Looking back at how Christmas was observed in 1968 is like opening a time capsule for the entire decade, as the war continued in Vietnam and the U.S. made progress toward its goal of reaching the moon.
Only the rattle of gunfire in South Vietnam and mortar bursts from Israeli and Jordanian troops near the Dead Sea broke the Christmas calm.
With a “Merry Christmas” to the world, three American astronauts headed back toward home in Apollo 8 across the black expanse of space after 20 hours of orbiting the moon. They took time out for another space first, a Christmas dinner of turkey.
In almost as bleak surroundings, 50 men at the U.S. Navy’s base at the South Pole sat down to a turkey dinner.
Far away, in the steaming heat of South Vietnam’s battlefields, numerous violations of a Christmas truce left more than a score dead.
Expressions of hope for peace were voiced in messages to U.S. troops in Vietnam by Gen. Creighton W. Abrams, commander in South Vietnam, and two visiting churchmen, Roman Catholic Archbishop Terence J. Cooke of New York and evangelist Billy Graham. ...
President Johnson and his family spent a quiet day in Washington. It was their last Christmas in the White House. The N&O Dec. 26, 1968
Closer to home, Christmas Day for incoming Gov. Bob Scott and his family is a quaint reflection of those pre-electronic-gadget days.
The Robert W. Scott family, richly blessed by North Carolina’s voters last month, had an equally generous visitor slip into their home as they slept Tuesday night.
The seven Scotts, who will be moving around Jan. 3 to the Governor’s Mansion in Raleigh, are gathered in their Haw River dairy farm home for a typical family Christmas.
The day was to begin with the excitement felt in millions of homes, the children scrambling to see what Santa Claus had left behind.
There was advance information from St. Nick himself that the five little Scotts had been “good” in the past, eventful year and he intended to reward them for it.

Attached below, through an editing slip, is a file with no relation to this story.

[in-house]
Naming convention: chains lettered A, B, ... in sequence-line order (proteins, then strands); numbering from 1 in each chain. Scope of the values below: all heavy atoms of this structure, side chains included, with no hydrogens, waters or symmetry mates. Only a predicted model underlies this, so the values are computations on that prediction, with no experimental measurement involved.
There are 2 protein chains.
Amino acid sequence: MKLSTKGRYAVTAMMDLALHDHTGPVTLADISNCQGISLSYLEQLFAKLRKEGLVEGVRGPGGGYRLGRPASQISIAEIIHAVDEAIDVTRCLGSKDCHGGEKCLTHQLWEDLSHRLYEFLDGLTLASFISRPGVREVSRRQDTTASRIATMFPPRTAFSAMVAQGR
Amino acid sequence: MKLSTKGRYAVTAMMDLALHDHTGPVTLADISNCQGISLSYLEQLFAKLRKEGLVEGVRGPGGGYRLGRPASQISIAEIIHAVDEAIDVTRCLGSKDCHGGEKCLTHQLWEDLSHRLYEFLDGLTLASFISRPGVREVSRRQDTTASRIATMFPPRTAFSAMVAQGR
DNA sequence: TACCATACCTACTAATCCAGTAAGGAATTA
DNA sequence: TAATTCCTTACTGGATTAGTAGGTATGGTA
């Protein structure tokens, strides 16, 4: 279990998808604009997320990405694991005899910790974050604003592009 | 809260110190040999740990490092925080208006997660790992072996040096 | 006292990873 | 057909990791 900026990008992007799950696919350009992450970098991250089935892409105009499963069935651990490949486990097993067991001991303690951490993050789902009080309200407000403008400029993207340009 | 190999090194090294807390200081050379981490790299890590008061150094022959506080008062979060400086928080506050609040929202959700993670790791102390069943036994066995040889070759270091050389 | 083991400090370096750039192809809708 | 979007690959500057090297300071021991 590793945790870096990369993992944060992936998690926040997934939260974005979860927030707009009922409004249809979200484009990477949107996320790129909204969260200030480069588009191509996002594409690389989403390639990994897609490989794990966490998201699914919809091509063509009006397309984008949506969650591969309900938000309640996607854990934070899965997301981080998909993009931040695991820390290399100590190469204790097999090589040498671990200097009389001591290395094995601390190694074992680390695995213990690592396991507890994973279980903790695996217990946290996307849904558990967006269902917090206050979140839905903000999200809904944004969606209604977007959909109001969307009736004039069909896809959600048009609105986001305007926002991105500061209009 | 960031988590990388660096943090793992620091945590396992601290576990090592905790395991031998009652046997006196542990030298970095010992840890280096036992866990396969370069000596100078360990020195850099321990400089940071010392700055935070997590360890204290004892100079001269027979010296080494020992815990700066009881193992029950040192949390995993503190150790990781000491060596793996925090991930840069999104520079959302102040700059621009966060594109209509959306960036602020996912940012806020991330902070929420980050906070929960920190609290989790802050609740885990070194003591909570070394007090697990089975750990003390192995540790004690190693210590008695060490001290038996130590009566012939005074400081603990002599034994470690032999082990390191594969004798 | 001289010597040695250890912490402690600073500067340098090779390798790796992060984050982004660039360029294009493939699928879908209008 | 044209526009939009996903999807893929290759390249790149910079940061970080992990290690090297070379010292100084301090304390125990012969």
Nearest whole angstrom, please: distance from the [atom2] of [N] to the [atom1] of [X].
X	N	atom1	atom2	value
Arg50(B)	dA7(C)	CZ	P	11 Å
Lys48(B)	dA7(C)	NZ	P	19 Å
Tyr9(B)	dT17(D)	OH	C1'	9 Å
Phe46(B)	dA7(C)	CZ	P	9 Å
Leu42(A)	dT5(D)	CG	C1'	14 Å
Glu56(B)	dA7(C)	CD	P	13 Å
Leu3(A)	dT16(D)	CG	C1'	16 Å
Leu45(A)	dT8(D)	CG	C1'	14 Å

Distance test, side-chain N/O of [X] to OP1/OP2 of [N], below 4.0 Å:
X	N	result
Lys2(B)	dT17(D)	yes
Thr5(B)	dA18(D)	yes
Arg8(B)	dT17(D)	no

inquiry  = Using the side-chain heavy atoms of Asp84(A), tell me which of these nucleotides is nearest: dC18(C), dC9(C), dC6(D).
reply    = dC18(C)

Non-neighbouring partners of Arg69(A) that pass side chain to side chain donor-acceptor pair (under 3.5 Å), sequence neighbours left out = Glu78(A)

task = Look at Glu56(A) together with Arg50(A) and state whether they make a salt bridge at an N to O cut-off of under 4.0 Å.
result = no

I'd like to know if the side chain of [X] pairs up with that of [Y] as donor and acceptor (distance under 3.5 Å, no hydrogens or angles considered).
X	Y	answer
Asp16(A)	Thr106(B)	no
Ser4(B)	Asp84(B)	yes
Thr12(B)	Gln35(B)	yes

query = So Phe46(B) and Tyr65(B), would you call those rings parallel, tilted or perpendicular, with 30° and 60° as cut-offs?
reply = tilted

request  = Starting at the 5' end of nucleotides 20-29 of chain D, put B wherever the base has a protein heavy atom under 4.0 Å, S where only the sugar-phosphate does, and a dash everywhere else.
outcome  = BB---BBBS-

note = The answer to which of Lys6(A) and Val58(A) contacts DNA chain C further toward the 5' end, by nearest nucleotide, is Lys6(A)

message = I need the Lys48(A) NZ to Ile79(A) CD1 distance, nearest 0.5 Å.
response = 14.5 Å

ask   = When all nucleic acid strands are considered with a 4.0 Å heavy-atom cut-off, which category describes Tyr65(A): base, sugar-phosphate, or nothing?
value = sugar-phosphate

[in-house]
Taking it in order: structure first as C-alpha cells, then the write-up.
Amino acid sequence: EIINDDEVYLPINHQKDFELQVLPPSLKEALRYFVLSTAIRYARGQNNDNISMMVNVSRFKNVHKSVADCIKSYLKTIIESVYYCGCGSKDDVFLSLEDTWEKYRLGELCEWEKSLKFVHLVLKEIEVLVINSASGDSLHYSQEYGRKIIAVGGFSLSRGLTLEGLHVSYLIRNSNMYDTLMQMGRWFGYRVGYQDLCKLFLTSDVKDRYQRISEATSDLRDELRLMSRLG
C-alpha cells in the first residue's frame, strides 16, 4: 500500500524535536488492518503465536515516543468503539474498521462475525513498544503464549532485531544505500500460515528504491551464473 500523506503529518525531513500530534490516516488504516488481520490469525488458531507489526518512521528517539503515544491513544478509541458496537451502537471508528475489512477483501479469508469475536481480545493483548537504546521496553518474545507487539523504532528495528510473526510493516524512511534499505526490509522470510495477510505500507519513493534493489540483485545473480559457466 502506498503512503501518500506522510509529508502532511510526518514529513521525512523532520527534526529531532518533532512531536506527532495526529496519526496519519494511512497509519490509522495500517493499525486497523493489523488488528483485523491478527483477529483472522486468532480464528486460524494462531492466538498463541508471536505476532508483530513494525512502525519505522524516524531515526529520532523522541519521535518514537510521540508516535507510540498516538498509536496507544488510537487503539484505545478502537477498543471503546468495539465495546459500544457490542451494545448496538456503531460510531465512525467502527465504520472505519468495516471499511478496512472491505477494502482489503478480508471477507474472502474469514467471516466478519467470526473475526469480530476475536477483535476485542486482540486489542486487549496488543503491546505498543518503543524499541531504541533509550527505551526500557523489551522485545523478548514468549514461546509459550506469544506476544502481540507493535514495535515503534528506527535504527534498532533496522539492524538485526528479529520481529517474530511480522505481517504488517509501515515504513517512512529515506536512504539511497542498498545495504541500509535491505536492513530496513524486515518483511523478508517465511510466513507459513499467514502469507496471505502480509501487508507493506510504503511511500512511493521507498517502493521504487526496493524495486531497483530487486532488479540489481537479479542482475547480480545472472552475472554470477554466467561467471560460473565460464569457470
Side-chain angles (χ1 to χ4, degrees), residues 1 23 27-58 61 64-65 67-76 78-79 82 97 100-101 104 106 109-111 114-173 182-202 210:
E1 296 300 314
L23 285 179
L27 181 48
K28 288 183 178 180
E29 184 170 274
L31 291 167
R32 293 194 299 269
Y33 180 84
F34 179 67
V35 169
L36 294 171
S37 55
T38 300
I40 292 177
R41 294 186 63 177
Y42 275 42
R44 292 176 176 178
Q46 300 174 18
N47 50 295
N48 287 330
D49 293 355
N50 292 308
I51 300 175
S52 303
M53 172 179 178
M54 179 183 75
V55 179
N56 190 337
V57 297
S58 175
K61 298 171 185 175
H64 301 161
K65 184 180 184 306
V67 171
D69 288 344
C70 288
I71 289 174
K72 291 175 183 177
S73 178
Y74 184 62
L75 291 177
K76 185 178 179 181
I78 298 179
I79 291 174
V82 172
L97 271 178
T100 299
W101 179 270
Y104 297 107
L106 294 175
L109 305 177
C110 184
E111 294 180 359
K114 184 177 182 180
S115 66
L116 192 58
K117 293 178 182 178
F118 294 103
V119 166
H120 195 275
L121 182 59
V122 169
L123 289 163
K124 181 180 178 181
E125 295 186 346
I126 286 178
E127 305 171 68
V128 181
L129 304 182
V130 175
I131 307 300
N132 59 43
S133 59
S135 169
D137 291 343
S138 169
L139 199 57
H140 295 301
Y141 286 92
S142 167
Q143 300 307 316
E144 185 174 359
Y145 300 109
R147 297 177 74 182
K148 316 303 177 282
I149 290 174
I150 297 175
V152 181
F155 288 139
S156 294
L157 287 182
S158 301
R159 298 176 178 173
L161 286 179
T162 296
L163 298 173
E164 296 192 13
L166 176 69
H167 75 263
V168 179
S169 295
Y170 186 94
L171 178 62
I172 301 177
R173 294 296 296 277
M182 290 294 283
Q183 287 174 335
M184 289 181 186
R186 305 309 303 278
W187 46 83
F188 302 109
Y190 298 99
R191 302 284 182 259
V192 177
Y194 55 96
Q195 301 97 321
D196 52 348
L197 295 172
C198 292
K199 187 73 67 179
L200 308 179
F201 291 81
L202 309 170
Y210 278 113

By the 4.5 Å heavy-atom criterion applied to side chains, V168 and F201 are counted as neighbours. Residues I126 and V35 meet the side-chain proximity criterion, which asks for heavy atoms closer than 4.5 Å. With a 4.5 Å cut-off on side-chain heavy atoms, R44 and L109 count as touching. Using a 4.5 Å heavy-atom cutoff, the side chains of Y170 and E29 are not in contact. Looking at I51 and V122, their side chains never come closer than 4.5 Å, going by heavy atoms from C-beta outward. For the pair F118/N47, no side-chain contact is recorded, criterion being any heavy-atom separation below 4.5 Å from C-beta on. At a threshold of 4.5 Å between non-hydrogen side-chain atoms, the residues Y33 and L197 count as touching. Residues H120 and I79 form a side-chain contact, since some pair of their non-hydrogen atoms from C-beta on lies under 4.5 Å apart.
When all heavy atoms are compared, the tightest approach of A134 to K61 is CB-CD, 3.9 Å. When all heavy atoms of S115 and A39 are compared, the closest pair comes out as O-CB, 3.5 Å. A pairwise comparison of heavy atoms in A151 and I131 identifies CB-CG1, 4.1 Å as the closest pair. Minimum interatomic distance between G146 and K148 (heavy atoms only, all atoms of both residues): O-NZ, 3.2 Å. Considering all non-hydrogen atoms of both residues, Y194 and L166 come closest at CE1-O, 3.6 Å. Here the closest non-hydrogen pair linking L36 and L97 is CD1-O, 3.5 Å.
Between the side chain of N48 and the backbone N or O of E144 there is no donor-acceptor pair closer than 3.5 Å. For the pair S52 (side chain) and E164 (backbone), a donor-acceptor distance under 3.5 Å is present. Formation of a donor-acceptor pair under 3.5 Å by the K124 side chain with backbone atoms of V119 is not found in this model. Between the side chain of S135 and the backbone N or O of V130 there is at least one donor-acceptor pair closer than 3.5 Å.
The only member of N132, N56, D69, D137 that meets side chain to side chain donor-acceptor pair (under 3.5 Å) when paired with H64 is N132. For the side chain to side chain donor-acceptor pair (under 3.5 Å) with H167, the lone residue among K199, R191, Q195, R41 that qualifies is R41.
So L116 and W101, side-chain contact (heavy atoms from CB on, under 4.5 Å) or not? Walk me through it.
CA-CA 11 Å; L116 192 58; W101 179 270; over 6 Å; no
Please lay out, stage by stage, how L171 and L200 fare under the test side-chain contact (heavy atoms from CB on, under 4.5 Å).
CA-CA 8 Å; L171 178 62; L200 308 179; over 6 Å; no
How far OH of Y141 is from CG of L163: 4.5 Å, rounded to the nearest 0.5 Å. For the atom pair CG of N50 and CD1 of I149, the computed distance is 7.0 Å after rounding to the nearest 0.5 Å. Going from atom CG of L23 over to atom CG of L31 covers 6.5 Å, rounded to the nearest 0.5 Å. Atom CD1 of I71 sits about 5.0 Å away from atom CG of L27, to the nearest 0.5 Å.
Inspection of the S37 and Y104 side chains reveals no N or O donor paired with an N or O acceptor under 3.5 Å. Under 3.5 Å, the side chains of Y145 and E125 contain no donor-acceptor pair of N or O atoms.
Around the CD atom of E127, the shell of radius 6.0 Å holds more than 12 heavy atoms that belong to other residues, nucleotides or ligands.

Here’s what he said he had in his bag for the young Scotts:
For Little Jan, age 5, a doll and a homemakers set – sink and stove – together with a set of dishes.
For Kerr, 10, binoculars, which the sports-minded boy will put to good use at athletic events; a Boy Scout pocketknife, a racing set and some books.
For Susan, 11, a camera with accessories, an addition to her collection of horse statues and books.
Santa said that his gifts for twins Meg and Mary, 12, reflected the fact that their interests weren’t always identical.
Meg would receive a metronome for her piano and some stationery. Under the tree for Mary would be boots, a tape recorder and a scrapbook.
The Governor-elect and his wife, Jessie Rae, went shopping for one another. For Mrs. Scott, there would be jewelry. She, in turn, thought ahead to those precious few leisure hours that will be available to her husband, who will enjoy them with his new bathrobe, bedroom shoes and a book of fiction – his favorite type of recreation reading.
Prior to breaking up for the brief Christmas holiday, gifts were exchanged by Scott and his staff at their transitional office here.
The staff presented the next governor with a handsome attache case for use in his trips away from the Capitol.
Among his gifts to the staff members were mounted copies of the telegram of congratulations which his Republican opponent, Jim Gardner, sent him after the Nov. 3 election. The N&O Dec. 25, 1968
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